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This Tiny Gadget Creates An Uncensored Mini Internet

This hotspot comes with a side of civil disobedience.

It’s not just the Great Firewall of China. In countries like Iran, Pakistan, Egypt, India, and Russia, the internet itself is censored, and in some cases, people can be arrested for exercising basic freedom of speech. Those in the know can use workarounds, like VPNs, to sneak past authorities through digital tunnels to reach an open internet. But how can all those people who don’t be reached?

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Russian artist Dmitry Morozov–who once proposed a police baton that would text the officer’s own mother–recently came up with a provocative solution, featured on Prosthetic Knowledge. Called Hot Ninja, it’s a little gadget that creates a subversive Wi-Fi hotspot anywhere. Anyone looking for Wi-Fi can see its name, and if anyone chooses to connect they’ll be greeted with whatever web page Morozov chooses to transmit to them directly.

In essence, Hot Ninja is like a mini server and wireless hotspot in one. And with a built-in keyboard and a few buttons, Morozov can actively change the name of his network, or the content he’s distributing, on a whim. Hot Ninja can even host a private group chat to anyone who chooses to connect.

[Photo: courtesy Dmitry Morozov]

It’s a gadget that circumvents authorities on the local level, specifically by playing small instead of playing big. In a lot of ways, it’s similar to internet solutions proposed by Google, which would create a mesh network of balloons to provide service, or Facebook, which uses winged drones to accomplish largely the same thing.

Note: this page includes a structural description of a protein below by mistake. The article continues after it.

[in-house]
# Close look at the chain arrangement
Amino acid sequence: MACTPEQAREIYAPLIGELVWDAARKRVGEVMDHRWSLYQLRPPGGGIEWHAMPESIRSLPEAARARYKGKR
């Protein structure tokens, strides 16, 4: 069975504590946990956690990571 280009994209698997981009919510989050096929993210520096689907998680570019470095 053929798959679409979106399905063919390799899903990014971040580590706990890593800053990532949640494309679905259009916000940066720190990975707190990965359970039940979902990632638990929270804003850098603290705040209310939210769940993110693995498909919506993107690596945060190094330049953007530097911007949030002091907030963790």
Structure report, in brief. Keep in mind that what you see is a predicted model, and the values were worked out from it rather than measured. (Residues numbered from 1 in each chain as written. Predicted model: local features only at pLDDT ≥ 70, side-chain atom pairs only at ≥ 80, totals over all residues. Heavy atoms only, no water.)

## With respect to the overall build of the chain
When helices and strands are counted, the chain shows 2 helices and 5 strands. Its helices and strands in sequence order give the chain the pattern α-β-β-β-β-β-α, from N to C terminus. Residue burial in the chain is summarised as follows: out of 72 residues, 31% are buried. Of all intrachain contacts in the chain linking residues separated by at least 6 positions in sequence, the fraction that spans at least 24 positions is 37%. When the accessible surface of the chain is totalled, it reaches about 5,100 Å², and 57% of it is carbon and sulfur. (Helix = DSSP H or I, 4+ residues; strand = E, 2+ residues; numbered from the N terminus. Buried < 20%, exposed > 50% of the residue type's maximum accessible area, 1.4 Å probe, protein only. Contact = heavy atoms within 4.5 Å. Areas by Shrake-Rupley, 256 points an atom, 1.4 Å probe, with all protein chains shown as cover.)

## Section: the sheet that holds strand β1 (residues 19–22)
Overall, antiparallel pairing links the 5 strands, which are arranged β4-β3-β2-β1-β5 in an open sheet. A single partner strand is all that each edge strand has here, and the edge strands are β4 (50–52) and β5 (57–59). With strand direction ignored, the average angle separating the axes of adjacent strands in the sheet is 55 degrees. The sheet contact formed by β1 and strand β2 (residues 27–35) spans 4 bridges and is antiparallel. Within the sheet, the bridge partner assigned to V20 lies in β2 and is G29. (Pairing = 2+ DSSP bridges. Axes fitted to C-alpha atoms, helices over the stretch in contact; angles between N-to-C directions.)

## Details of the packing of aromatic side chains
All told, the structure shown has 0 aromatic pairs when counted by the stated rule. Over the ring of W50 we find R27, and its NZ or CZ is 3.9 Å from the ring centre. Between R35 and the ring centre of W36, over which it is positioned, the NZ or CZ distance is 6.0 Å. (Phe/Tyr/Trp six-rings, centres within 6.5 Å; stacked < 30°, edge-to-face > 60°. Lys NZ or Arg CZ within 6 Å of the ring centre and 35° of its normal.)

[Photo: courtesy Dmitry Morozov]

Hot Ninja isn’t nearly as high tech, of course. And to be frank, a lot of what it does could probably be accomplished with the right code running on any laptop computer.

Still, there’s something compelling about the open source, hacker-hearted industrial design of this completely stand-alone device. With its Linux-based software, it’s not answering to a major corporation like Apple, Microsoft, or Google, either. If there were a worst case scenario where common forms of online communication were truly failing, this tiny keyboard and circuit sandwich could give a single voice the ability to silently and anonymously shout.

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About the author

Mark Wilson is a senior writer at Fast Company. He started Philanthroper.com, a simple way to give back every day.

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